Bludnyi syn: roman u dvokh chastynakh [The prodigal son: a novel in two parts].

Munich: Vydavnytstvo, 1955. Octavo (20.5 × 15 cm). Original illustrated card wrappers; 295, [8] pp. Signed and inscribed by the author to title. Light wear and soil to wrappers; lower spine extremity frayed; text evenly toned, still about very good. Item #3417

First edition. A publication of the Ukrainian diaspora in post WWII Germany, this epic novel covers the life of a Ukrainian family on the eve of the Bolshevik revolution. The events in the novel range geographically from the Volyn and the Dnieper regions to Donbass, Moscow and Kiev. The novel ends in Kiev with the description of the revolutionary events of 1917-1918. Nothing is known about the author of the novel, however, a Ukrainian literary critic, editor and journalist Ivan Koshelevets (1907-1999) is credited with the “literary editing” of the text and may have been the actual author of the novel. Having come of age in Soviet Ukraine, Koshelevets worked as a schoolteacher until an accusation of “Ukrainian nationalism” led to his firing in 1933, stripping him of his teaching license. In 1938 he regained a partial right to teach ancient Ukrainian history. In 1944 Koshelevets was reported in Tyrol, Austria at a displaced persons camp. He later moved to Salzburg, Austria, where he edited the Ukrainian diaspora journal “Litavry,” before settling in Munich, Germany where he worked for an encyclopedia of Ukrainian studies and had a long career as an editor of a number of diaspora journals. The novel is a rare document of the national outlook of the Ukrainian diaspora in Germany.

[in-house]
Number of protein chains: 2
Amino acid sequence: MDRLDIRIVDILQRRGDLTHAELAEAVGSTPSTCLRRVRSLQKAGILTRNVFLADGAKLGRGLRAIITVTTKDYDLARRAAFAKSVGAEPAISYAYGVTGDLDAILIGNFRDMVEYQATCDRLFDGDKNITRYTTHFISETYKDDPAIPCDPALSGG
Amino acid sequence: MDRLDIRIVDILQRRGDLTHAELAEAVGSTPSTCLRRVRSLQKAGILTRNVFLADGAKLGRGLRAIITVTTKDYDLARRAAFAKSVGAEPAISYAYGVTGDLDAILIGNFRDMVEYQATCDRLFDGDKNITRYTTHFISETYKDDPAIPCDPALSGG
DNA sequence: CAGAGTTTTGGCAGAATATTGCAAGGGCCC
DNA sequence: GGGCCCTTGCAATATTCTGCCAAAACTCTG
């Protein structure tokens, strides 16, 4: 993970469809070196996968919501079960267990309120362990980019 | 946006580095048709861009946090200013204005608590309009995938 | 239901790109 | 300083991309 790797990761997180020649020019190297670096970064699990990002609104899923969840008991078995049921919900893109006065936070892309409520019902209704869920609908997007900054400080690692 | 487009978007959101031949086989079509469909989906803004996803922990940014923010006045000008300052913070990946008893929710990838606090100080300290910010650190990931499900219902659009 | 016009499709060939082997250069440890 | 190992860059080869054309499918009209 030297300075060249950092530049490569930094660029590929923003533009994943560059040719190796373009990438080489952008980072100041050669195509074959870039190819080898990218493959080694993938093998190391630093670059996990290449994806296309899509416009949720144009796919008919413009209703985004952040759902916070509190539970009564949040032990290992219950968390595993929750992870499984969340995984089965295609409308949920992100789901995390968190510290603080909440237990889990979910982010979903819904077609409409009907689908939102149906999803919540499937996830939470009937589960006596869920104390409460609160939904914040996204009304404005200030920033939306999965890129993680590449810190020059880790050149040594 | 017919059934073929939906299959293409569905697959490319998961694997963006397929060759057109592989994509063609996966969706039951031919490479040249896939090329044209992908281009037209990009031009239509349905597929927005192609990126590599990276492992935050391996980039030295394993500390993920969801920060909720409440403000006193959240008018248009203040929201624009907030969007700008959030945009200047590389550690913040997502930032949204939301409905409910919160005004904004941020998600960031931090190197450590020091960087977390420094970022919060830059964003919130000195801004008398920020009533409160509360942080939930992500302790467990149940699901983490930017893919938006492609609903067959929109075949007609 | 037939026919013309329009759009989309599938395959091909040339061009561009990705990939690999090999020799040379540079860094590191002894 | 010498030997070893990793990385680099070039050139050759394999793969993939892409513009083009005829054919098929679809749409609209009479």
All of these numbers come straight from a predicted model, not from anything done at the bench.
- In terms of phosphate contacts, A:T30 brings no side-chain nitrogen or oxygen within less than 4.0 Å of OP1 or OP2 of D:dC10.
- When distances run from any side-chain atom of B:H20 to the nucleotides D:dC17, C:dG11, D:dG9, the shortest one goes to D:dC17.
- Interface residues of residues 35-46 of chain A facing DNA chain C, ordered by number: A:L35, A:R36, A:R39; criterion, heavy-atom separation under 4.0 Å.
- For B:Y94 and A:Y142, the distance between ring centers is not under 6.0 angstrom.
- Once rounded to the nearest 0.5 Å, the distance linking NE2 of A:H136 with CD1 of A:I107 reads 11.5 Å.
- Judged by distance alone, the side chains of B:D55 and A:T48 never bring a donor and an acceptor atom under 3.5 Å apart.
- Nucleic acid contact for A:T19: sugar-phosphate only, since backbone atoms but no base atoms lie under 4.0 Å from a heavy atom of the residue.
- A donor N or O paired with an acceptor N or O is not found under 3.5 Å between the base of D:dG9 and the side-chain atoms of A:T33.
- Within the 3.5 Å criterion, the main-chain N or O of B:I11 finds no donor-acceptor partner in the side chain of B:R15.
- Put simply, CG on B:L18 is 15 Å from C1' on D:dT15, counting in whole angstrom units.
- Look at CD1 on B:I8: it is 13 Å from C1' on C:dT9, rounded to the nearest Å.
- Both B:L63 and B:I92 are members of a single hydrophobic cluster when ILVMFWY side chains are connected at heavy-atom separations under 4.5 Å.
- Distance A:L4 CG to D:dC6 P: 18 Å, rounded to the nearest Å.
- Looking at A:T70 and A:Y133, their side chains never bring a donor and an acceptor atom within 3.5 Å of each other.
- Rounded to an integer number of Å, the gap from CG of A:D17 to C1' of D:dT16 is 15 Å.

KVK, OCLC show the copies at Cleveland, Columbia, Ohio State, Penn State, and Manitoba.